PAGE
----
|Born||October 6, 1937
|Institutions||Harvard School of Medicine
University of Utah
|Alma mater||Antioch College, Ohio
|Known for||Knockout mouse|
|Notable awards||Albert Lasker Award for Basic Medical Research (2001)
Wolf Prize in Medicine (2002)
Nobel Prize in Physiology or Medicine (2007)
Capecchi is Distinguished Professor of Human Genetics and Biology at the University of Utah School of Medicine, which he joined in 1973.
Mario Capecchi was born in the Italian city of Verona in 1937. His father, Luciano Capecchi, was an Italian airman who was reported as missing in action in the Western Desert Campaign. His mother, Lucy Ramberg, was the American-born daughter of Impressionist painter Lucy Dodd Ramberg and German archaeologist Walter Ramberg. During World War II, his mother was sent to the Dachau concentration camp, as punishment for handing out pamphlets and belonging to an anti-Fascist group. Before her arrest she had sold her belongings and gave the money to a poor family near Bolzano, to give her son a place to live. After a year, the money was spent and the family was unable to care for him. At four-and-a-half years old he was left to live on the streets of northern Italy for the next four years, living in various orphanages and roving through towns with groups of other homeless children.
He almost died of hunger. His mother had been freed from Dachau and began a year-long search for him. She finally found him in a hospital bed in Reggio Emilia, ill with a fever and living one bowl of chicory coffee and bread crust each day. She took him to Rome, where he had his first bath in six years.
In 1946 his uncle, Edward Ramberg, an American physicist at RCA, sent his mother money to return to the United States. Mario and his mother moved to Pennsylvania to live at a cooperative community which had been started by his uncle.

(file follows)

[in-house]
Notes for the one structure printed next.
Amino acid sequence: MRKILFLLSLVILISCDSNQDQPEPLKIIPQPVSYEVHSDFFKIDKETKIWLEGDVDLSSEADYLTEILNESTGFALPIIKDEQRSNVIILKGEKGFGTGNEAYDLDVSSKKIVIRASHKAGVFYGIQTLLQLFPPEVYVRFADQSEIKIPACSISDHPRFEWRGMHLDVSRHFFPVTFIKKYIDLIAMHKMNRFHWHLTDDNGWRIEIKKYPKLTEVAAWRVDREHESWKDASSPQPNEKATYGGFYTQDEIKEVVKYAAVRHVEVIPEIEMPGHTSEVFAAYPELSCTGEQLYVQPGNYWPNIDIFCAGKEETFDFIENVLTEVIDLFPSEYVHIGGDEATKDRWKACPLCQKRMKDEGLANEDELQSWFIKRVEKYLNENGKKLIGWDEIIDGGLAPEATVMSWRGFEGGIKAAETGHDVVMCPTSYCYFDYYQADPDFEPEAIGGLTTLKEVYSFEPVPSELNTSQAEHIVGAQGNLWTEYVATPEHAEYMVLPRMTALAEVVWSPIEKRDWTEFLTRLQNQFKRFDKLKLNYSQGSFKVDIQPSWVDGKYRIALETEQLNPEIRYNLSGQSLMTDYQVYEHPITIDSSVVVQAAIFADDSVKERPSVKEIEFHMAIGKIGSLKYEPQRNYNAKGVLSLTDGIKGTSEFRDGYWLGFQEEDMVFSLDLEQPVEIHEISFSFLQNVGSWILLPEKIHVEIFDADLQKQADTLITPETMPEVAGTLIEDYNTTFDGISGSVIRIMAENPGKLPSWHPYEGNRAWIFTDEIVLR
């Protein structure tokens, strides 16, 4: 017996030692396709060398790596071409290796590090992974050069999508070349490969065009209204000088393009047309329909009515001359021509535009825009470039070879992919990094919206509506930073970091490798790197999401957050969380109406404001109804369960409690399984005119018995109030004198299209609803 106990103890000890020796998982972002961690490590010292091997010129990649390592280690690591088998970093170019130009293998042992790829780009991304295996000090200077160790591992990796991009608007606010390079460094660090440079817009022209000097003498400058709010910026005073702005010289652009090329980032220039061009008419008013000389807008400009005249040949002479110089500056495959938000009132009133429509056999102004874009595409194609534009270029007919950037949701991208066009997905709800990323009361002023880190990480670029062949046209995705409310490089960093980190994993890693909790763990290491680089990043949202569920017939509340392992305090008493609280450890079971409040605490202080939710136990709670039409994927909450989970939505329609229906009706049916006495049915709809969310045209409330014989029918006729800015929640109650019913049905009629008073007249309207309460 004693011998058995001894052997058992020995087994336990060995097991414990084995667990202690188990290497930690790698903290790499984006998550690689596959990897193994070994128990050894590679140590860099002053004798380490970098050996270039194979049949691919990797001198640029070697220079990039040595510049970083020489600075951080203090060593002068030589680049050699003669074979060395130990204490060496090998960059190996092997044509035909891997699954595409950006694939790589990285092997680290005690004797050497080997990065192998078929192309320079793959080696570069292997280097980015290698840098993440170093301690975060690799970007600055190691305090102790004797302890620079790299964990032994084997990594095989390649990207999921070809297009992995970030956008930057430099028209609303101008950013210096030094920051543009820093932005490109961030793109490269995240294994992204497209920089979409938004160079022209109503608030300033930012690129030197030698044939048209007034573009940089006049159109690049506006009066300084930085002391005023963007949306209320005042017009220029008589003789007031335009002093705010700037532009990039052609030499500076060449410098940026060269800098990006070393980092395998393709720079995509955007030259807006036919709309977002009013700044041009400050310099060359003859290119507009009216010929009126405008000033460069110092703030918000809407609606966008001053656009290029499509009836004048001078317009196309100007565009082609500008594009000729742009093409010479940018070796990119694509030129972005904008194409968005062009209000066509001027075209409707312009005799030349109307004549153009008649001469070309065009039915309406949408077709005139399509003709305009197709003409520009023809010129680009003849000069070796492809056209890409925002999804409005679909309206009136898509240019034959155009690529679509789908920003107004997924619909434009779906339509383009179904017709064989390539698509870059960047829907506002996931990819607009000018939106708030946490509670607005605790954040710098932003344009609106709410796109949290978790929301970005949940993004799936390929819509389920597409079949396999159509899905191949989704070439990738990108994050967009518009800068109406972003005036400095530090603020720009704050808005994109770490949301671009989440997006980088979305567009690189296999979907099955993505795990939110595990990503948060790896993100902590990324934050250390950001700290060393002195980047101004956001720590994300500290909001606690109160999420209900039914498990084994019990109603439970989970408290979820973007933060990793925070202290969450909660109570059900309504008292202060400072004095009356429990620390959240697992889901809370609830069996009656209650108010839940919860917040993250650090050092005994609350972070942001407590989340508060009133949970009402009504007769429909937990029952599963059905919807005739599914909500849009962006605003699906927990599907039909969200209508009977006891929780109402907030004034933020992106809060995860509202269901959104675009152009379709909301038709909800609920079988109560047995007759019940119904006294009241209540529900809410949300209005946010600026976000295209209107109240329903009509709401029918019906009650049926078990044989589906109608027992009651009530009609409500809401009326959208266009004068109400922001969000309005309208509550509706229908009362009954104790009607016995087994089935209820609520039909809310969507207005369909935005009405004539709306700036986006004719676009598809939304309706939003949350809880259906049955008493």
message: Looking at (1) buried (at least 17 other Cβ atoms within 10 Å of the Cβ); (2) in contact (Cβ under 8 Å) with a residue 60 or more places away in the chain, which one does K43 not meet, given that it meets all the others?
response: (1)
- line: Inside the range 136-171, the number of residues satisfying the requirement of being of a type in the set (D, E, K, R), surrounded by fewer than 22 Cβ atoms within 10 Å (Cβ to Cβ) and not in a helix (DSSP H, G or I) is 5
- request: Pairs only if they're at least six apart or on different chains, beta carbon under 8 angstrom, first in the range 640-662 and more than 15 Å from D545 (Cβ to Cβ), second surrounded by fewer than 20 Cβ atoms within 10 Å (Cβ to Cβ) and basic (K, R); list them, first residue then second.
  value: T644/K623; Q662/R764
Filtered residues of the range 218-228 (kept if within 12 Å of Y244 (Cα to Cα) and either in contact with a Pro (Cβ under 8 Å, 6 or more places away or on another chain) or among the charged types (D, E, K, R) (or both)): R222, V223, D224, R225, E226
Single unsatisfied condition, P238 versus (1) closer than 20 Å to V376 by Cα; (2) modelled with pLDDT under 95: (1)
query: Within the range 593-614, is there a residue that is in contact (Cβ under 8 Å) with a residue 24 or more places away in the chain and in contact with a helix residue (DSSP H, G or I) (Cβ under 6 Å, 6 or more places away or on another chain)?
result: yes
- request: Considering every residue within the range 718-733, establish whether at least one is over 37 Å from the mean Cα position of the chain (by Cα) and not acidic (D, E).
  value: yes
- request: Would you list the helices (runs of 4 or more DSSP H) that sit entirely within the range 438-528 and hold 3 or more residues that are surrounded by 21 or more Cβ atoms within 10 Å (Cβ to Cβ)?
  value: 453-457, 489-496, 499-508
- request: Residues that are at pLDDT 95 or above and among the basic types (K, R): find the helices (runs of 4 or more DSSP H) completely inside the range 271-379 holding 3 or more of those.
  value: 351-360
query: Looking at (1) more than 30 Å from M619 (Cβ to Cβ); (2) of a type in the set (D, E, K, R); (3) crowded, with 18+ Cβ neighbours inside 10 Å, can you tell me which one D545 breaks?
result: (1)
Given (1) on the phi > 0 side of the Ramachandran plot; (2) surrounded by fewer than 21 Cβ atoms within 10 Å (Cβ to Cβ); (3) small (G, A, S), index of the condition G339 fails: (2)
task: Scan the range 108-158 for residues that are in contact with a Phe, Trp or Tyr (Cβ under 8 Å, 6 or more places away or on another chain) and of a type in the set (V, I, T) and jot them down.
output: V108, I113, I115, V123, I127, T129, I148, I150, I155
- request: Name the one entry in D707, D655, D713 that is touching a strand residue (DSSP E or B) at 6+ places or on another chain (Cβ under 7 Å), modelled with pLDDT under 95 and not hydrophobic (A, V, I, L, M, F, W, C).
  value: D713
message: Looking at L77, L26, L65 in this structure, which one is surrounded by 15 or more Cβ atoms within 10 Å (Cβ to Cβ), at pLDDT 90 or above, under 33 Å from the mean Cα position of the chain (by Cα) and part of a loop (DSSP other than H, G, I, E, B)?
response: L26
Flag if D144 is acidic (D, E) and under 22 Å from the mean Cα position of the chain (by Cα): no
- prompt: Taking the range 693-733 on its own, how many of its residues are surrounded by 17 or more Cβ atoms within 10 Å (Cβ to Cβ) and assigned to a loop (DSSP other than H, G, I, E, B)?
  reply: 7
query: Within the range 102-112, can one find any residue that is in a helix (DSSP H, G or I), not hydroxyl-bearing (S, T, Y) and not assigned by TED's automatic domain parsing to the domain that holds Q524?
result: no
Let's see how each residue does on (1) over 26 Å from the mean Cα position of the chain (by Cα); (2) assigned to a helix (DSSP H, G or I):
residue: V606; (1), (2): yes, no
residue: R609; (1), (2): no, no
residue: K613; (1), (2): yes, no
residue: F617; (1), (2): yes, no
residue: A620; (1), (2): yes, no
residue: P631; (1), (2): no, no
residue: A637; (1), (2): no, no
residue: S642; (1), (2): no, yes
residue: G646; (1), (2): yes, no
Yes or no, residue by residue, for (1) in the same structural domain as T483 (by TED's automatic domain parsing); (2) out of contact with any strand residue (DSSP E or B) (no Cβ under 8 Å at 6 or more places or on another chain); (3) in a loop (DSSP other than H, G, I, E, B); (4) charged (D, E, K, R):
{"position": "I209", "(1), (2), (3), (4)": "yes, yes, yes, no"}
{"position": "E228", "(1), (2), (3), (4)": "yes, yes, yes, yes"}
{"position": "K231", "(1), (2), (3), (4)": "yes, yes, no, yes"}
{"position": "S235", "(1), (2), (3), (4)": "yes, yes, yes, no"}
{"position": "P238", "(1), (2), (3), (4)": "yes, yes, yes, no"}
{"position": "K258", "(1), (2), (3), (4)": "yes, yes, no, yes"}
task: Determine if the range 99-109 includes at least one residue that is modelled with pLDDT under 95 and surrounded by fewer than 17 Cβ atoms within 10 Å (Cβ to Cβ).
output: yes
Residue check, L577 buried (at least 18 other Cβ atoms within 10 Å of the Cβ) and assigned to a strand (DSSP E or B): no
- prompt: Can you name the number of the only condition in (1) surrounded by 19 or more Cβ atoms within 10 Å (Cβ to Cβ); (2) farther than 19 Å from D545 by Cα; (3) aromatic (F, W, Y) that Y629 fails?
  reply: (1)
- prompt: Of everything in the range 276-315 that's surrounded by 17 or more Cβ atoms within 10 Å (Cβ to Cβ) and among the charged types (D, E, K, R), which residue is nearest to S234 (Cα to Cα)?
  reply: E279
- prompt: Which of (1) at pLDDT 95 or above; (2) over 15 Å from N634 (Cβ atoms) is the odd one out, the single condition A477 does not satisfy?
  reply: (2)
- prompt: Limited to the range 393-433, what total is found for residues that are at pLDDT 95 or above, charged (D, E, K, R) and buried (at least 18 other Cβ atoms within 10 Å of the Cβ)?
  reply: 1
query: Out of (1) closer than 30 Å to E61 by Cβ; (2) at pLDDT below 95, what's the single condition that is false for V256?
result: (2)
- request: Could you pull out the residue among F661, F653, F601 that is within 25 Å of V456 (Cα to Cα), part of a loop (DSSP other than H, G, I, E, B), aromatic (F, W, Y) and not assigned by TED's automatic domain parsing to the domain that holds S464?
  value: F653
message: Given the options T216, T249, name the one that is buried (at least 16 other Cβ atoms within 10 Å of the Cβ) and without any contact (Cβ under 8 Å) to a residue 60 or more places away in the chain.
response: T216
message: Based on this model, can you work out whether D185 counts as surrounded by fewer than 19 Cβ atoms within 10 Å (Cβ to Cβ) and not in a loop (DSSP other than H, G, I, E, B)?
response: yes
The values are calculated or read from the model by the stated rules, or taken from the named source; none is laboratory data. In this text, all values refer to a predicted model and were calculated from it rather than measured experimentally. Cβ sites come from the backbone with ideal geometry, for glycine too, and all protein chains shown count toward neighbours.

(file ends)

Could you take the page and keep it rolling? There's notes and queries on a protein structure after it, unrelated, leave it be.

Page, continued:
In 1960 Capecchi came to MIT as a graduate student to study physics and mathematics, but he soon became interested in molecular biology. He moved to Harvard to join the laboratory of James D. Watson, co-discoverer of the shape of DNA. Capecchi received his PhD in biophysics in 1967 from Harvard University.
In 1973 he joined the faculty at the University of Utah. Since 1988 Capecchi has also been an investigator of the Howard Hughes Medical Institute. He is a member of the National Academy of Sciences. He has taught for Duke University's Program in Genetics and Genomics.
After the Nobel committee announced that Capecchi had won the Nobel prize, an Austrian woman named Marlene Bonelli claimed that Capecchi was her long-lost half-brother, which he acknowledged was true.
Mario Capecchi is known for his work in gene targeting of the mouse embryonic stem cells. This helped him and others study how genes work. The work includes cloning and genetic changing. The work on gene targeting and knockout mice won the 2007 Nobel Prize in Physiology or Medicine, jointly with Martin Evans and Oliver Smithies.
- 1996 – Kyoto Prize in Basic Sciences
- 1996 – German Molecular Bioanalytics Prize
- 1997 – Franklin Medal for Advancing Our Knowledge of the Physical Sciences
- 1998 – Baxter Award for Distinguished Research in the Biomedical Sciences
- 2000 – Italian Premio Phoenix-Anni Verdi for Genetics Research Award
- 2001 – Albert Lasker Award for Basic Medical Research, co-winner with Martin Evans and Oliver Smithies.
- 2001 – Spanish Jiménez-Diáz Prize
- 2001 – Pioneers of Progress Award
- 2001 – National Medal of Science
- 2002 – John Scott Medal Award
- 2002 – Massry Prize
- 2003 – Pezcoller Foundation-AACR International Award for Cancer Research
- 2002/3 – Wolf Prize in Medicine
- 2005 – March of Dimes Prize in Developmental Biology.
- 2007 – Nobel Prize in Physiology or Medicine, co-winner with Martin Evans and Oliver Smithies.
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